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It is a general hope that all women have a happy experience in childbirth with minimal complications. Unfortunately, this is not always the case. Sometimes, the medical experts overseeing the delivery have to make difficult decisions to ensure both mother and baby survive. It is during these decisions that obstetric negligence can occur, causing damage to the nerves in the baby’s neck, shoulders and arm.
If you can identify with this and believe your baby has suffered due to obstetric negligence, Longden Walker & Renney can help. Call our clinical negligence solicitors direct on 0191 5666 500 or complete our no obligation enquiry form online to arrange your free initial advice session.
Your case could be covered by a No Win No Fee or conditional fee agreement, and if you are entitled to any other financial benefits such as Legal Aid or legal expenses insurance, our helpful clinical negligence solicitors team will let you know from the beginning.
How does a Brachial Plexus injury occur?
The brachial plexus refers to a leash of nerves that stems from the base of the neck, leading across the shoulders and into the arm. A brachial plexus injury can occur to these nerves during childbirth if the baby’s shoulder becomes stuck behind the symphysis pubis during an obstetric emergency.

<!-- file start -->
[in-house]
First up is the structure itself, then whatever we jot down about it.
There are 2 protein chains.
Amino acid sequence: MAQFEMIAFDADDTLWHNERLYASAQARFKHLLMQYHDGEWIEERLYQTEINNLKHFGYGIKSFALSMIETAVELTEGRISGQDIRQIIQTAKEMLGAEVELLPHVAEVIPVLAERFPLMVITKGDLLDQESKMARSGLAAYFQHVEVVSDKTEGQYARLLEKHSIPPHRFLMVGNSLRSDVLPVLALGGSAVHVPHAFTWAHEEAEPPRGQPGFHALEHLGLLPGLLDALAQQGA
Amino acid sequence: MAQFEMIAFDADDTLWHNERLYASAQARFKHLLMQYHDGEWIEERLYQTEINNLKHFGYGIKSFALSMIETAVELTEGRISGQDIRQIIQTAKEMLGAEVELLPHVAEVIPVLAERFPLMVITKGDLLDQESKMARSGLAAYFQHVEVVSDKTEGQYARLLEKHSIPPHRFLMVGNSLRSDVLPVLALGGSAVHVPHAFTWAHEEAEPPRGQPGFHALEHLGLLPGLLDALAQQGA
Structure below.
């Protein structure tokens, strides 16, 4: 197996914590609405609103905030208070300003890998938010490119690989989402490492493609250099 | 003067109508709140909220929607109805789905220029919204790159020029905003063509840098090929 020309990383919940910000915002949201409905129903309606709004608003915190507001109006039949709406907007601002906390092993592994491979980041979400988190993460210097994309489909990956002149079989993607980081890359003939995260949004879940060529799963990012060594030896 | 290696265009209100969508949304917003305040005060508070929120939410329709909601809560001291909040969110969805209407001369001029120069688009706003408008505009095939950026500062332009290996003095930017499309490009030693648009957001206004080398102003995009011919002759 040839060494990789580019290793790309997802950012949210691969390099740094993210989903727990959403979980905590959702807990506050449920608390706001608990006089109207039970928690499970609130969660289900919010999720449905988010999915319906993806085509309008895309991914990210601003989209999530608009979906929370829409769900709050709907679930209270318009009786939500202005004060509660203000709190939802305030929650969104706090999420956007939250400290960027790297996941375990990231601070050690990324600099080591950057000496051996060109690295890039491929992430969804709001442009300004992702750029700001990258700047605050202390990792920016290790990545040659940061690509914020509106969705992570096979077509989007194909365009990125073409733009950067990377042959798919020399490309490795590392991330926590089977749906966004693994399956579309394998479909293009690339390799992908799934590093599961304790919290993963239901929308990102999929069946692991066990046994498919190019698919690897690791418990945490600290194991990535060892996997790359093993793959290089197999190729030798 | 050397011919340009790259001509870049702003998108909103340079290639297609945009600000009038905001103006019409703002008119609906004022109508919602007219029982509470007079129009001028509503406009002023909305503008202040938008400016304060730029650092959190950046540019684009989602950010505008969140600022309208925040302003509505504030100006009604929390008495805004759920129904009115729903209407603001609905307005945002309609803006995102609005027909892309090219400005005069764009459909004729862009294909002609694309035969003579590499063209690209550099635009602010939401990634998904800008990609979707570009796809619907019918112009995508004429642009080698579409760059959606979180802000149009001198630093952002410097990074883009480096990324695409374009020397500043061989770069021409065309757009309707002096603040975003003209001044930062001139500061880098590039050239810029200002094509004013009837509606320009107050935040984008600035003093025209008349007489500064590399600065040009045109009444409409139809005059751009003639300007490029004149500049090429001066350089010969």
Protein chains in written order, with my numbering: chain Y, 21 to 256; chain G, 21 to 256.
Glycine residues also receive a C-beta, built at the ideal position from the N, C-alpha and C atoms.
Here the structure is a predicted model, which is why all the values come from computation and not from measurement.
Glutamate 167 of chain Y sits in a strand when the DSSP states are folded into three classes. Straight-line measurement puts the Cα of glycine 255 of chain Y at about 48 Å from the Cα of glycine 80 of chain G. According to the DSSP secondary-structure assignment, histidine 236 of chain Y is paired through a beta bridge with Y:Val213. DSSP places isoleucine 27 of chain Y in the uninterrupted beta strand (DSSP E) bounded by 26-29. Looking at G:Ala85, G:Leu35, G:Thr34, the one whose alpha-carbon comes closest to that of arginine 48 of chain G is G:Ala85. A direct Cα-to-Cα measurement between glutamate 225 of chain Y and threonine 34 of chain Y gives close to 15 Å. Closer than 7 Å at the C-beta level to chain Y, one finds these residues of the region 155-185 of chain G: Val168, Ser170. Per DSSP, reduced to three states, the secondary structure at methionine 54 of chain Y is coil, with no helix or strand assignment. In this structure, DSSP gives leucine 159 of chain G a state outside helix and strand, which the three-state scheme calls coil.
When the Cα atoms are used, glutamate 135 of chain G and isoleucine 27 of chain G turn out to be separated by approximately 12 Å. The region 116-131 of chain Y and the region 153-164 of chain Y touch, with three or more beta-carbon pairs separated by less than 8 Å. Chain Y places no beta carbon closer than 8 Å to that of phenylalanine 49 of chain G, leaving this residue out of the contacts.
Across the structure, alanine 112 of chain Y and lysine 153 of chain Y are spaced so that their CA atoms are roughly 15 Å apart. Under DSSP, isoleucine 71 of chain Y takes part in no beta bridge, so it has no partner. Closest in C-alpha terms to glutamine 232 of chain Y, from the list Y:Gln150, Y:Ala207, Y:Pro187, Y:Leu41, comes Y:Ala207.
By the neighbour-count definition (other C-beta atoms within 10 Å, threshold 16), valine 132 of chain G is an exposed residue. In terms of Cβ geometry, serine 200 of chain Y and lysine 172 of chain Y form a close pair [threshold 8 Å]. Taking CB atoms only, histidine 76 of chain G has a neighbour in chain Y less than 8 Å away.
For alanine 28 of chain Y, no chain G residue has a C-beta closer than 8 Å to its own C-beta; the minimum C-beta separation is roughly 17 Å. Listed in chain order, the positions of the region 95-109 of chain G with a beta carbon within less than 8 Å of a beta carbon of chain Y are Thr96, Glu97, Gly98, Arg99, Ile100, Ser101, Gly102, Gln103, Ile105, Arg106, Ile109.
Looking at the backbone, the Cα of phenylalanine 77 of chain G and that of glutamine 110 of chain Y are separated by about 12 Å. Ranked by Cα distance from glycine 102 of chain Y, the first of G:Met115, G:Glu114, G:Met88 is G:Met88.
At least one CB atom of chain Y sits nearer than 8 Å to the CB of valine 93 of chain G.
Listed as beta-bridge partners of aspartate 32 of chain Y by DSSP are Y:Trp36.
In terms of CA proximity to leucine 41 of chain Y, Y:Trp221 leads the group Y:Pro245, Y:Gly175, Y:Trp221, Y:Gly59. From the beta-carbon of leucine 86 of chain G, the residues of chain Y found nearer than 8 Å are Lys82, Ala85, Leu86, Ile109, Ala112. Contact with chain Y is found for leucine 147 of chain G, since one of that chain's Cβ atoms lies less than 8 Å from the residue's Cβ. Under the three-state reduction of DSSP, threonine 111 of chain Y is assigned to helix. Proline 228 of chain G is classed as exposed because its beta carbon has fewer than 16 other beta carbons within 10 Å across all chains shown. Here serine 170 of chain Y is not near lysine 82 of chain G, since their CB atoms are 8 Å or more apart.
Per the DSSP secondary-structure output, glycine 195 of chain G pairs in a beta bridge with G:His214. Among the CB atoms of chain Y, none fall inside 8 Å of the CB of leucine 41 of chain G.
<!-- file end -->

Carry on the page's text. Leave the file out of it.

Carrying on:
Since the baby’s chest is compressed in this situation, its ability to breathe is restricted. Midwives and obstetricians have a window of up to 10 minutes (or fewer, for a distressed baby) to deliver the child before its risk of sustaining brain damage or dying becomes serious. If the baby’s head is pulled too hard during this time, then the nerves of the brachial plexus could become bruised, stressed or completely torn, which can cause significant problems in the future, requiring surgery and/or physiotherapy to fix it.
However, a shoulder dystocia emergency can be handled so that the baby does not develop a birth injury if the following well-known actions are performed:
- As soon as a shoulder dystocia occurs, a senior obstetrician or doctor should be summoned.
- The mother’s position should be changed into the McRoberts position (this being flat on her back, knees raised, and legs lifted up so that her thighs are against her abdomen).
- Suprapubic pressure should be applied, which involves pressing down on the mother to try and free up the shoulder that has become stuck.
- There should be a rotation of the shoulders internally which would involve the obstetrician manually attempting to rotate the shoulder off the symphysis pubis.
- A large episiotomy should be made as this will facilitate for an easier delivery.
If this procedure is not performed and birth trauma occurs, it is likely this is due to obstetric negligence. For more information or advice, call our helpful clinical negligence solicitors on 0191 5666 500. You can also fill out our online enquiry form to arrange an advice session, at no cost and under no obligation.